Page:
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Bill Forster 7th April 2008 16:29

British Prince (ex Sutherland)
My father, William Redvers Forster (1900-75), was Chief Engineer on this ship, the first of the "Doxford Economy Ships" to be built in 1935 (see entry in the Directory) and remained aboard for one voyage after it was sold to Rio Cape Line Ltd (part of Prince Line) in 1936 and renamed BRITISH PRINCE.

Does anybody have details of its wartime sinking in 1940?

Bill Forster

shipmate17 7th April 2008 16:46

According to Miramar data.
ID 1161576. Grt. 4979. SP10k. Built 1935 by Doxford.Pallion as SUTHERLAND. for BJ Sutherland & Co Ltd. Newcastle. renamed 1936 BRITISH PRINCE. Ac/B 53.52N/00.25E. 26/9/1941. Bombed and sunk in the Thames Estuary.

alastairjs 7th April 2008 17:32

According to the sources I could find the BRITISH PRINCE (4979grt) was on a voyage from New York to London, calling at North-East ports, when she was attacked and sunk by German aircraft off the Humber in position 53-52N, 0-25E, Friday, 26th September 1941. There were no casualties on the vessel. I've seen some reports that place the sinking in the Thames estuary but the war diary pages and the Lat. & Long. quoted put her north of Spurn Head.

Bill Forster 7th April 2008 22:52

I think there were as many as six ships named BRITISH PRINCE and my father's ship (ex SUTHERLAND) was the third. It WAS sunk in 1940 so I think "Shipmate17" has correctly identified the sinking of my father's former ship.

But can anybody provide further details of the sinking? Casualties? Was it salvaged or does it still lie in the Thames estuary?


12548 8th April 2008 02:00

British Prince
1 Attachment(s)
Info as per shipmate 17 quite correct with just a bit more.

BRITISH PRINCE (4) was built in 1935 by Wm. Doxford & Sons at Sunderland with a tonnage of 4979grt, a length of 412ft 2in, a beam of 54ft 2in and a service speed of 10 knots. She was completed in January 1935as the Sutherland for B. J. Sutherland of Newcastle, one of a series of economy engined ships from Doxford's. The economy came about by giving the ships a wider beam, which provided more cargo space, and a slow running engine. Acquired by Furness, Withy & Co. for Rio Cape Line Ltd with Prince Line as managers in 1936 she was renamed British Prince. On 26th September 1941 she was sunk by German bombers off Hornsea as she was approaching the Thames estuary.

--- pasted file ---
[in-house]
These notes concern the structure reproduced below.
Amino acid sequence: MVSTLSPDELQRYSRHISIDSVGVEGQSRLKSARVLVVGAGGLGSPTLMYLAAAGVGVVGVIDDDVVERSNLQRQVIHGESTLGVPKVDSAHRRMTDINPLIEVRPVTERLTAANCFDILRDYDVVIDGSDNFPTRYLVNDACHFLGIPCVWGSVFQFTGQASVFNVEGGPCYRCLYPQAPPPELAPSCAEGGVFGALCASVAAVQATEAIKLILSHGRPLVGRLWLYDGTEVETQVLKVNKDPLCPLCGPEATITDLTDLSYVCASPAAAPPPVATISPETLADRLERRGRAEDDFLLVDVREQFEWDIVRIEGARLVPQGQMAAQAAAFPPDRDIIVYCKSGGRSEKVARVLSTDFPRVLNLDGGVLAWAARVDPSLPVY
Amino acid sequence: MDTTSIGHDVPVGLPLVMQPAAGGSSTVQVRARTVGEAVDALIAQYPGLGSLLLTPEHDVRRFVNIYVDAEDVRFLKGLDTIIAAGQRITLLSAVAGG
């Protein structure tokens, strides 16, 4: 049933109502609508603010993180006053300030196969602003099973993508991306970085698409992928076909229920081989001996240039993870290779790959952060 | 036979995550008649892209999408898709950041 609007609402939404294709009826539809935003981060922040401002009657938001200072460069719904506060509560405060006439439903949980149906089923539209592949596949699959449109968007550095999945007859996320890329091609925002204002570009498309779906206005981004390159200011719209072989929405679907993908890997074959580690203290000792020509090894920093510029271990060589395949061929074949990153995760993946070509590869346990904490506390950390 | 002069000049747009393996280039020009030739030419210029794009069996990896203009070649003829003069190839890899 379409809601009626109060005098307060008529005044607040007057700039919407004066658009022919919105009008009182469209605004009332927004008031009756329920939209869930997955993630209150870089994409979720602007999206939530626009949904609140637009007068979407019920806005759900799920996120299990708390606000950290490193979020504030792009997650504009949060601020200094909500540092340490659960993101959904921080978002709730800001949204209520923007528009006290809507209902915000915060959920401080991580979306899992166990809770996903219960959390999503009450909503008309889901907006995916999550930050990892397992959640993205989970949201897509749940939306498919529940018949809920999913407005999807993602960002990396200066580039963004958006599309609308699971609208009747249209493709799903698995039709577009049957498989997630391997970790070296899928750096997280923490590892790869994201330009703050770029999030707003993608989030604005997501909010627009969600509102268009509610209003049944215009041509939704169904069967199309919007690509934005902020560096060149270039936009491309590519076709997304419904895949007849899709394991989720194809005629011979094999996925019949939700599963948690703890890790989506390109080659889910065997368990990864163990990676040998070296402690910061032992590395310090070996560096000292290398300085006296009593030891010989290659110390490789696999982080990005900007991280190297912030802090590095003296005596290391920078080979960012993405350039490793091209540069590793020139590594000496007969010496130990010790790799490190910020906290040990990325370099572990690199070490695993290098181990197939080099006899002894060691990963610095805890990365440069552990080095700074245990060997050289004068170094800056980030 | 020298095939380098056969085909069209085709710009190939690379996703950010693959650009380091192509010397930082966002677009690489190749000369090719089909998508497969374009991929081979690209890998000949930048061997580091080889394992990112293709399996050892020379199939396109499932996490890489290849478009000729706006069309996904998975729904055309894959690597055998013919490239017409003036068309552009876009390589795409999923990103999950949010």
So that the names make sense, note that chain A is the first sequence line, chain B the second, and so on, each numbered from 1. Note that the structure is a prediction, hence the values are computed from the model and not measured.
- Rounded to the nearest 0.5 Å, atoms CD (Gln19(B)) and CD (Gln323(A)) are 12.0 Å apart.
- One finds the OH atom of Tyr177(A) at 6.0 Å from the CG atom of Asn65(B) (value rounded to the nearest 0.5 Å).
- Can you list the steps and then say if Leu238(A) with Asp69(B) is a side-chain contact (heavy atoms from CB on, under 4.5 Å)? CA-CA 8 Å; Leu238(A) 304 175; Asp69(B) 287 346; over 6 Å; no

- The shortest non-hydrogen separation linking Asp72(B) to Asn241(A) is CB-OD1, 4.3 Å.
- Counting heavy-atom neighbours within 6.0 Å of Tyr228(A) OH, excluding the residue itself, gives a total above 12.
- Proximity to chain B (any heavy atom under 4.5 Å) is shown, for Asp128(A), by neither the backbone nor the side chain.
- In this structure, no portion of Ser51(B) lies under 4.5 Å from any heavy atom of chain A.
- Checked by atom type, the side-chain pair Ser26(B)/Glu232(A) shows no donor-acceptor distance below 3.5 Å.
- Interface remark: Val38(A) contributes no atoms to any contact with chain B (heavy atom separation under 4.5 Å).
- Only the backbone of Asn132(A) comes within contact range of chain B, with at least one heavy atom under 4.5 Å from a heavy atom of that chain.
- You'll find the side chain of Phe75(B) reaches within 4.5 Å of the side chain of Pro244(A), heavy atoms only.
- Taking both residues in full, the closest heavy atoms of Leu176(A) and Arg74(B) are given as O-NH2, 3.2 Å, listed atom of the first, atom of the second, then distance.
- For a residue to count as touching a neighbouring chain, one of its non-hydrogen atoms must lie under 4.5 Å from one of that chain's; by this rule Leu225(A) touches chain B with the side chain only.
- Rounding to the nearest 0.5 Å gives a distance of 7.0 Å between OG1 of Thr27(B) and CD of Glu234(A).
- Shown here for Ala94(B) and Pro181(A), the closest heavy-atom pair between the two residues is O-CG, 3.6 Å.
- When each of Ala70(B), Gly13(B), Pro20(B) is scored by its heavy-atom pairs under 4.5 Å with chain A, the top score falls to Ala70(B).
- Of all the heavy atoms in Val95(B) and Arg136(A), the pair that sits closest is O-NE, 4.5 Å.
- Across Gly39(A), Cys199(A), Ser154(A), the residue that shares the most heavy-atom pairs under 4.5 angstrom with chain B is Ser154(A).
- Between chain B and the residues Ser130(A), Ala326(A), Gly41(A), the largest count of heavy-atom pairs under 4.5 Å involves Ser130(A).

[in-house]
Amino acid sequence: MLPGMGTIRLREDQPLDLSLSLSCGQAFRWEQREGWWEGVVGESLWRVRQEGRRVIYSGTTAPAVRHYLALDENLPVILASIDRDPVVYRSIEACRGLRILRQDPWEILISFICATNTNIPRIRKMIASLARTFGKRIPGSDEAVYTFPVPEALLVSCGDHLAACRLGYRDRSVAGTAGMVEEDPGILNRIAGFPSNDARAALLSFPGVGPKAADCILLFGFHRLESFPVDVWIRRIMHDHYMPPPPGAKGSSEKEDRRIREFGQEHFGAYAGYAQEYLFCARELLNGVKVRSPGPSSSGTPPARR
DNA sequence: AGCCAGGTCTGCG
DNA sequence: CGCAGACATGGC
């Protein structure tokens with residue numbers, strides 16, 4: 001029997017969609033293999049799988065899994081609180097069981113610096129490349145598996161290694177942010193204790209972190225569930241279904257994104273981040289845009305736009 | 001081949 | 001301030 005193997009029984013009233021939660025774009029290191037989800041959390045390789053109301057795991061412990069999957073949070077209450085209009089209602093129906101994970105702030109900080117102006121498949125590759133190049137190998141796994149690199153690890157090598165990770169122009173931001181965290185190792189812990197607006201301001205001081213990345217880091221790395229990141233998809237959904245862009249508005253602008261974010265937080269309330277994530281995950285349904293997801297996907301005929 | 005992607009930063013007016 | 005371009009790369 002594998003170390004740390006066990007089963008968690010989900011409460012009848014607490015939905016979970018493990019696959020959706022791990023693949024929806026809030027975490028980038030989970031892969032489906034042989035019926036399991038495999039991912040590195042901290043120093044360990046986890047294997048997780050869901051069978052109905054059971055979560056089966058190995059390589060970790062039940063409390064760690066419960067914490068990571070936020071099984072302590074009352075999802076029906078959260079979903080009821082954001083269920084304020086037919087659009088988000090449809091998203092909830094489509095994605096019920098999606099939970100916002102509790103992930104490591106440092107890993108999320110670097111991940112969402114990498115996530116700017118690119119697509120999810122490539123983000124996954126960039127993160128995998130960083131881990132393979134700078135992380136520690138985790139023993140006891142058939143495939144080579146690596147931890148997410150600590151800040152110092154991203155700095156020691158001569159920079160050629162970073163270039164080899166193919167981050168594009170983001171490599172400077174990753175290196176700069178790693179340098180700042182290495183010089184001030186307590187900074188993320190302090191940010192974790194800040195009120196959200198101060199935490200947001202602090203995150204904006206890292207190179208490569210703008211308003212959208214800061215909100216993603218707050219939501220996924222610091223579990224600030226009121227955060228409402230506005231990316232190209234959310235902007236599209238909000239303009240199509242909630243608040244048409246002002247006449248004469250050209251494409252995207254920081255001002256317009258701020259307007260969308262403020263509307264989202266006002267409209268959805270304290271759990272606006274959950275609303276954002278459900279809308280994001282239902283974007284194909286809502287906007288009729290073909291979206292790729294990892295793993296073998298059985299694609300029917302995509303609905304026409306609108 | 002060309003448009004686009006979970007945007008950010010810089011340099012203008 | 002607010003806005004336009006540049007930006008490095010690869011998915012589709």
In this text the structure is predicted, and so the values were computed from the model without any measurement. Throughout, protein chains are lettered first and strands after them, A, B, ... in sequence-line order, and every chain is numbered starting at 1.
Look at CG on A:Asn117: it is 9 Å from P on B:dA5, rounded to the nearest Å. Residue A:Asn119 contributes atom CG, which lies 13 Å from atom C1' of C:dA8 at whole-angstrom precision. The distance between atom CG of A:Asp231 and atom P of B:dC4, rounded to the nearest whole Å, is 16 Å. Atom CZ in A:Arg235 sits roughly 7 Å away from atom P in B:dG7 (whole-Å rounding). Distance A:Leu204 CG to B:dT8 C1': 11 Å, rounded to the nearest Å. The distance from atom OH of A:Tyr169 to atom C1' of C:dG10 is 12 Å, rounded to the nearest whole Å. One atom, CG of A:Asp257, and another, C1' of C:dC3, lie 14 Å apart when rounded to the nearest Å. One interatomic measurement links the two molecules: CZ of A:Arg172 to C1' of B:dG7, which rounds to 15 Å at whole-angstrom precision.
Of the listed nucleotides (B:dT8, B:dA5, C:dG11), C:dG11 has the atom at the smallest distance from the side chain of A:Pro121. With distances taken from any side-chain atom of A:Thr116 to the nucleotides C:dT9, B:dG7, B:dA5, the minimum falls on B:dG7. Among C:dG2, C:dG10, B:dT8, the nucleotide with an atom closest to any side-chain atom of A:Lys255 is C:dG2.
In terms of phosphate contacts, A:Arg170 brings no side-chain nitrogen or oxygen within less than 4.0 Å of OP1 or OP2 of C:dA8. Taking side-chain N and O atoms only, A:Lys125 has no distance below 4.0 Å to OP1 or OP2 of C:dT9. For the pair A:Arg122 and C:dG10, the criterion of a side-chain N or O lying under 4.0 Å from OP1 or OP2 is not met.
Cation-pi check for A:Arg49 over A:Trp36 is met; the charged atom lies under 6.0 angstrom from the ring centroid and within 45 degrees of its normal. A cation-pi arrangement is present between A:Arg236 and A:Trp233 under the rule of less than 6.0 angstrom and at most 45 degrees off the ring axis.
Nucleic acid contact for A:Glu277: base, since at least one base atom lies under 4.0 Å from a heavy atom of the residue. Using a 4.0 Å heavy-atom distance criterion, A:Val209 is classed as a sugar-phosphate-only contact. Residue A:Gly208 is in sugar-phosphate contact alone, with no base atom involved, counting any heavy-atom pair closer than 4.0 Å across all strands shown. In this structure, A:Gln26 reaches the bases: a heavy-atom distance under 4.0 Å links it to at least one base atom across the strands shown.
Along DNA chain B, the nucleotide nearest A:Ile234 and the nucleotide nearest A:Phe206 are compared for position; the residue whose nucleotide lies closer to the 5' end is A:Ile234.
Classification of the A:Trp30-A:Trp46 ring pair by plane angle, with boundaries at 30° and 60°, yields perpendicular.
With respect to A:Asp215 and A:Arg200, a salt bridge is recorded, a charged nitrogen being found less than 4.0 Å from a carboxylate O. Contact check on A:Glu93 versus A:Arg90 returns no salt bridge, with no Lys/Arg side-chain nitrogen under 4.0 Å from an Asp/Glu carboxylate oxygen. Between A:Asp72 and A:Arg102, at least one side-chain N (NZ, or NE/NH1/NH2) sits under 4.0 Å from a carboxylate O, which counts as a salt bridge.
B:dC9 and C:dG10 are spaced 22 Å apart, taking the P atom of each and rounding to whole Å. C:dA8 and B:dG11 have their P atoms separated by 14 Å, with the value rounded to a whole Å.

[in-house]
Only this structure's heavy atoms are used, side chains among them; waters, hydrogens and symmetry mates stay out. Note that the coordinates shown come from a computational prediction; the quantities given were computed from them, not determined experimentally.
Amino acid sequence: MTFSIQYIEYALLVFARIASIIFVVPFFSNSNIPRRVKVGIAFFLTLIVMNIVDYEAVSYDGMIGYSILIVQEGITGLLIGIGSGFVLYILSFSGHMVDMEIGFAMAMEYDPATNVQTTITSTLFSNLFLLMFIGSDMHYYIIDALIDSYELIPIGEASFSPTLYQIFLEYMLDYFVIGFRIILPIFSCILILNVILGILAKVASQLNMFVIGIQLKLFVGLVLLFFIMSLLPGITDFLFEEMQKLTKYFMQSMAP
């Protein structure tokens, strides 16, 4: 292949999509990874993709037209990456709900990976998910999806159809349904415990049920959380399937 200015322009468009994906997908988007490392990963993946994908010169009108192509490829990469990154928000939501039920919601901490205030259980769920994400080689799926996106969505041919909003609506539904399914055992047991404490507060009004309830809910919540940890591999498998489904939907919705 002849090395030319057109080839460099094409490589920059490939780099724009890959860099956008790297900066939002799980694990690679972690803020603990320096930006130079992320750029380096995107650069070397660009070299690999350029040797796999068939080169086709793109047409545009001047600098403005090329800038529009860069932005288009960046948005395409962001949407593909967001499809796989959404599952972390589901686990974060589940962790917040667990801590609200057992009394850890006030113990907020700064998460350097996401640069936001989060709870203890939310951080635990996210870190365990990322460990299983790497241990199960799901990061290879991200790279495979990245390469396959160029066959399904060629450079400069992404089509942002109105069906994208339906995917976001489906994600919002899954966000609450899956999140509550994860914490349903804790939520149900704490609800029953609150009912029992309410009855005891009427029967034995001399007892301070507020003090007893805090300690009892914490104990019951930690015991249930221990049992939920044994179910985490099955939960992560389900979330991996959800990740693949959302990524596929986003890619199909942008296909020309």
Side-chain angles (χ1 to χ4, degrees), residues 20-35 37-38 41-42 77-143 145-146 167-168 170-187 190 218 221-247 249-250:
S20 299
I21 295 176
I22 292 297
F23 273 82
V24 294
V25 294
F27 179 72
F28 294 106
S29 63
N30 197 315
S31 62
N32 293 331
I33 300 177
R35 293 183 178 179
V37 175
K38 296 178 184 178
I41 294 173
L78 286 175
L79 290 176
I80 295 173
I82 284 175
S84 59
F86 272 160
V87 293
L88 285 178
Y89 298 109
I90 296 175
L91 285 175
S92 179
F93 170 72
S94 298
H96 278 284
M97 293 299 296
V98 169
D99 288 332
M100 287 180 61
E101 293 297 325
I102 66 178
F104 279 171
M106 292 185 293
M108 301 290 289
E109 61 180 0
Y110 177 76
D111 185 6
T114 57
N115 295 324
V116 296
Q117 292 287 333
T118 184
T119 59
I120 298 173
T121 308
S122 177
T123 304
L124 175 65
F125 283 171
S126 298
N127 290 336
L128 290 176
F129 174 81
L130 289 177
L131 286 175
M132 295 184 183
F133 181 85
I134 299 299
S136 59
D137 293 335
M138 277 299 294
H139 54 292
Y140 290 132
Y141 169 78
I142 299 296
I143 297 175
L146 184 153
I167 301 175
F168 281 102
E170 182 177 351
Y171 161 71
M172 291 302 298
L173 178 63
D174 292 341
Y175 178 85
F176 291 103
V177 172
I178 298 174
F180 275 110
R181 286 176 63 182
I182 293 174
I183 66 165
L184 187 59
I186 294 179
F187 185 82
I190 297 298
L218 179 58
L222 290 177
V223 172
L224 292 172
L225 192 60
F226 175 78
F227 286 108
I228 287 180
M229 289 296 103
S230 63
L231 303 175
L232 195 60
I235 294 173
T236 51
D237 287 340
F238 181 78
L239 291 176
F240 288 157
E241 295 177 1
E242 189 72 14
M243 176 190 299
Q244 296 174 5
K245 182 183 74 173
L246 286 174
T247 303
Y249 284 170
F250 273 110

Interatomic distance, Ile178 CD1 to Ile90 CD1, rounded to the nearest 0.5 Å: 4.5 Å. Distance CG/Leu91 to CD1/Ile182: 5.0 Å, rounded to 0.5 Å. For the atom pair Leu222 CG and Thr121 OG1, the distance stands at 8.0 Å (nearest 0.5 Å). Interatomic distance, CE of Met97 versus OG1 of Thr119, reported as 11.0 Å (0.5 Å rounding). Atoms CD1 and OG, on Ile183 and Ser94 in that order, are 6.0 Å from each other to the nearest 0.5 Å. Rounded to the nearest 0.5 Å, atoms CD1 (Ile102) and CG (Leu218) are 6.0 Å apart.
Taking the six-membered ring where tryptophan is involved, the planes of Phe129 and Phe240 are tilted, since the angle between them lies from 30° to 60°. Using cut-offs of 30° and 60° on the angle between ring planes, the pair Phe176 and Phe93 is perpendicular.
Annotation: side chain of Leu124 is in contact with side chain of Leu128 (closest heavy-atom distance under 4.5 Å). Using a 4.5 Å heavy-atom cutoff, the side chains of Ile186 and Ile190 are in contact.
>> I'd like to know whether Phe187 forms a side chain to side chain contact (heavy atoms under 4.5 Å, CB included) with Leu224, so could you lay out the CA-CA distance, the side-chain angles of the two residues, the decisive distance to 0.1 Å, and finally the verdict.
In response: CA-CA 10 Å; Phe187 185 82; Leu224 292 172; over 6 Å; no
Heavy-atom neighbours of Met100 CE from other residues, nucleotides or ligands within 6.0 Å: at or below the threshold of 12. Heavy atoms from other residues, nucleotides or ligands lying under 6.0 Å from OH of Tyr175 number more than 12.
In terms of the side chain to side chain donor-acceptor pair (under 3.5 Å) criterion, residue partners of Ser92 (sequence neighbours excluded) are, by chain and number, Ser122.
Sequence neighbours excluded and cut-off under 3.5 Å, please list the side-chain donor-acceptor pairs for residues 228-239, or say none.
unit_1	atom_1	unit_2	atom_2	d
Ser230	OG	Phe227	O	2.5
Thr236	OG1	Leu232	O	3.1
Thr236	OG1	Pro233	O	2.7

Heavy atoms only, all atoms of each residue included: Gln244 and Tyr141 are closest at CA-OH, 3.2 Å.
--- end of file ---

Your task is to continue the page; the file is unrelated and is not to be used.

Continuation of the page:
Bill Forster 10th April 2008 12:16

I visited he Guildhall Library in London yesterday and looked up the sinking of BRITISH PRINCE in the Lloyd's Casualty Reports. They confirmed it was sunk North of Spurn Head but gave minimal information (in marked contrast to details of peacetime casualties):

London September 26 1941; Motor vessell British Prince has been bombed and sunk. Lifeboats recovered later & landed at Grimsby.

I shall add this to my account of SUTHERLAND / BRITISH PRINCE in this web sites DIRECTORY but can anybody tell me where a more detailed ccount could be found?

Bill Forster

Bill Forster

K urgess 10th April 2008 13:11

Can't find British Prince in "Shipwrecks of the Yorkshire Coast" by Godfrey & Lassey.
3 "British" are listed -
Councillor - Torpedoed off Withernsea 2.2.40
Empire - 27.2.1900
Queen - 1869
It must've been too far off the coast to be listed.

alastairjs 10th April 2008 14:48

I couldn't find a precise location for the wreck on any of the dive sites I looked at so, like you, I surmised that her final resting place is either too far offshore and/or it's too deep for normal scuba diving. I was interested to read from Bill's last post that the Lloyds Casualty Report put's the location of her sinking North of Spurn Head. I thought I had lost my reserching skills and/or ability to read a map for a while! Odd that so many sources quote the correct Lat. & Long. and then go on to describe the position of her sinking as "the Thames estuary". Unlike "U" boat sinkings, there are no good web sites recording details of Luftwaffe casualties that I've ever been able to find. Perhaps another member knows better.

Bill Forster 12th April 2008 22:48

Well, Lloyds did not give the position but did state that lifeboats from the wreck were recovered at Grimby which does tally with the position given by Alastair.

I shall see if the National Archives have the logbook when I go to Kew next week but if any of the crew did survive I do not suppose saving the ships log would have been their a priority ...

Are there other resources at Kew which might yield further information?


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